(Received 17 January 1985; accepted 17 June 1985)
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A 41-year-old male with a 25-year history of diabetes mellitus requiring 25 to 30 units of neutral protamine hagedorn (NPH) insulin daily was found dead at home. Recent history revealed that he was well until the last four days of life when he had the onset of nausea, vomiting, and anorexia coinciding with procurement of a new bottle of insulin from his pharmacist. Pertinent autopsy findings included coronary and aortic atherosclerosis, a peptic ulcer, and diabetic glomerulopathy. Chemical analysis of the vitreous humor, including glucose (813 mg/dL) and acetone (40 mg/dL), revealed that he died of diabetic ketoacidosis. Further investigation revealed that the pharmacist had accidentally substituted regular insulin, with a duration of action of up to 6 h as opposed to 24 to 28 h, for NPH. Cultures of blood and of the regular insulin yielded no growth. Analysis of this case emphasizes the importance of obtaining a careful medical and medication history and the usefulness of vitreous electrolytes when investigating a sudden death in a diabetic.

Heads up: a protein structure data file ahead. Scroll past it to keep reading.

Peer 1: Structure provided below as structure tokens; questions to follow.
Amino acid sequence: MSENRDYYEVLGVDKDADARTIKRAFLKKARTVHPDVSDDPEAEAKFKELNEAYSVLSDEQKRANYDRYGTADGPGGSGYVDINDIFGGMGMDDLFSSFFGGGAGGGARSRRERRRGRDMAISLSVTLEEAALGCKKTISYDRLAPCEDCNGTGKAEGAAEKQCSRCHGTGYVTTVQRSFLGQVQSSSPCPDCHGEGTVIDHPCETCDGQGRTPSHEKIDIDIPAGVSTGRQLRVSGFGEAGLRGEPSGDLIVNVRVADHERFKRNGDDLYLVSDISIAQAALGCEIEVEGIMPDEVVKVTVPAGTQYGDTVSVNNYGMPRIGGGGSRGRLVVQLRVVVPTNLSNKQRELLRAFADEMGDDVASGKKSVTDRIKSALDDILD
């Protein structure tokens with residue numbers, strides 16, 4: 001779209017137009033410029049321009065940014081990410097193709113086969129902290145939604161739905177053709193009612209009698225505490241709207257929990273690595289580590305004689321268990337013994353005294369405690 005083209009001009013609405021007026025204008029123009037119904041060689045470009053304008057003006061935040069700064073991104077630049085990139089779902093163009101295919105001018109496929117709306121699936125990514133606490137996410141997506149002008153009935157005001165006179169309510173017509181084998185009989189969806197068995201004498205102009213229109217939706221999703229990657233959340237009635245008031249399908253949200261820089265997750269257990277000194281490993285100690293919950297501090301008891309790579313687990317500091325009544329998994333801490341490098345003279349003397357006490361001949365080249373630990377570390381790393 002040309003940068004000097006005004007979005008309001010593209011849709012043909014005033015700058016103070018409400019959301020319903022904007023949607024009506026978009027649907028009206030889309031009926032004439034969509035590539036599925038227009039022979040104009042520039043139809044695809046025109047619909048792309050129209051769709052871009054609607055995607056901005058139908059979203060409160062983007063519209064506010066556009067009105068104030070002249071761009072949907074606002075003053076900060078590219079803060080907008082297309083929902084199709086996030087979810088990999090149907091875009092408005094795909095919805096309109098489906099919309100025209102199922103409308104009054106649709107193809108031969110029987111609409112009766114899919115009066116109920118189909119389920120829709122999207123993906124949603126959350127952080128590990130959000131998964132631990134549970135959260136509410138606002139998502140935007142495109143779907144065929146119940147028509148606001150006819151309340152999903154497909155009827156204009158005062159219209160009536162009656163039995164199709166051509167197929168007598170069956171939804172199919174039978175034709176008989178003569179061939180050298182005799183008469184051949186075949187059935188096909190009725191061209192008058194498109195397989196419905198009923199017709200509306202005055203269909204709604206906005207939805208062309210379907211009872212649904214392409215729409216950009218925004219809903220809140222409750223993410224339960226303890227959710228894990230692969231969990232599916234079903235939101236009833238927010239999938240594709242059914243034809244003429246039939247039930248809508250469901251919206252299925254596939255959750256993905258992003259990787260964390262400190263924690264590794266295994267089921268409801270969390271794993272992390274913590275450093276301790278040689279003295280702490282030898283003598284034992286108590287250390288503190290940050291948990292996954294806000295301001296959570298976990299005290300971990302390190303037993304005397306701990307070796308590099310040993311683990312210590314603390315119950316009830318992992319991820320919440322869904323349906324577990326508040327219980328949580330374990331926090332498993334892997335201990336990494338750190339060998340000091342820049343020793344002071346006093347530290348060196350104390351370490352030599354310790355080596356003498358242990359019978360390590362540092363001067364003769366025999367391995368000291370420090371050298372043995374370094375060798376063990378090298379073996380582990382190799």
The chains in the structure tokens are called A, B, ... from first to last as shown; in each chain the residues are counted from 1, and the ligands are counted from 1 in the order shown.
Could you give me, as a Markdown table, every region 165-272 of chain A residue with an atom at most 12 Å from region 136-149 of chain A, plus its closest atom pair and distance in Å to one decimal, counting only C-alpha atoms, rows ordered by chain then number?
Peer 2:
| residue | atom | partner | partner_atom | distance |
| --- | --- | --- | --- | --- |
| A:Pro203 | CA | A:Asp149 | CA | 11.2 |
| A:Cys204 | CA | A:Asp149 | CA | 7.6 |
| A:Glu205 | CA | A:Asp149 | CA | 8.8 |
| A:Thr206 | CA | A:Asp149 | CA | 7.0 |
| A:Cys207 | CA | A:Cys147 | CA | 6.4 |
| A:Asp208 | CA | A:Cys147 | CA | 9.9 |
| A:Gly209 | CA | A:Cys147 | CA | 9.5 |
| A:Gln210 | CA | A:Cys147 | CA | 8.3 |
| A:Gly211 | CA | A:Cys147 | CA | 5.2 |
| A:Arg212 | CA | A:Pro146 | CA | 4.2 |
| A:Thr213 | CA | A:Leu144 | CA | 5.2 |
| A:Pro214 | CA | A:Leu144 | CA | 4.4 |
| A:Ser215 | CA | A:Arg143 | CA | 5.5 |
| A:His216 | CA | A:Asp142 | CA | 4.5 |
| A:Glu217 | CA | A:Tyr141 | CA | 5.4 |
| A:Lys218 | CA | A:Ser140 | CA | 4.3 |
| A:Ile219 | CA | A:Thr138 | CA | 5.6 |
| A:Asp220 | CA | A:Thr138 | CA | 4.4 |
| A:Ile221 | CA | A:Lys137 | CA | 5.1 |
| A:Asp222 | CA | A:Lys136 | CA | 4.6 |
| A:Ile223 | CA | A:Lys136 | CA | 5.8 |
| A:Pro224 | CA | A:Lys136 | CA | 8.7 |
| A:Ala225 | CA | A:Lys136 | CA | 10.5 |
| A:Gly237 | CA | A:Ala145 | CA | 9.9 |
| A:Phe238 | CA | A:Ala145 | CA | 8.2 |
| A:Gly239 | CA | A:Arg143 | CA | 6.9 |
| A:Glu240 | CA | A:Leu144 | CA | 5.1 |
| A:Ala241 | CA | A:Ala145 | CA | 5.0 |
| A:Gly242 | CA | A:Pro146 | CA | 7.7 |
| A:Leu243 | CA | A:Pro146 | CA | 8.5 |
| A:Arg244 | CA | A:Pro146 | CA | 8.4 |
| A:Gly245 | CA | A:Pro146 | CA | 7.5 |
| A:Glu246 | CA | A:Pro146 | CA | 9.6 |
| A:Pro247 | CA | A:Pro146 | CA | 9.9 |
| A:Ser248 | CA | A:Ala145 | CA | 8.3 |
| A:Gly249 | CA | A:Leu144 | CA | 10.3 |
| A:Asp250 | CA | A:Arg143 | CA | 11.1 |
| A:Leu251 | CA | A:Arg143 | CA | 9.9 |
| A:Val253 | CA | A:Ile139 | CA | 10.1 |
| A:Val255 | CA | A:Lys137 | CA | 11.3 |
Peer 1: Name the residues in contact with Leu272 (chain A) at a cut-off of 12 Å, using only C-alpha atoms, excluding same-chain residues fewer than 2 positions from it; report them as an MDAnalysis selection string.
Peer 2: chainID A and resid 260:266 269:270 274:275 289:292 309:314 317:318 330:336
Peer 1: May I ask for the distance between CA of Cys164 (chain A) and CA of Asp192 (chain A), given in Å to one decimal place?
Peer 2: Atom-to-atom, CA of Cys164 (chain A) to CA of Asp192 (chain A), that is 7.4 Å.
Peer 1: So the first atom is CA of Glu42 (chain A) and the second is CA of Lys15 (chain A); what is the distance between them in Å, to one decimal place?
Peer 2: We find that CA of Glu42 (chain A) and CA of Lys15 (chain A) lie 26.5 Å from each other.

Third-year medical student, Michigan State University, College of Human Medicine, E. Lansing, MI
Deputy medical examiner, Kent County, Grand Rapids, MI
Forensic pathologist and deputy medical examiner, Kent County, Grand Rapids, MI
Stock #: JFS12311J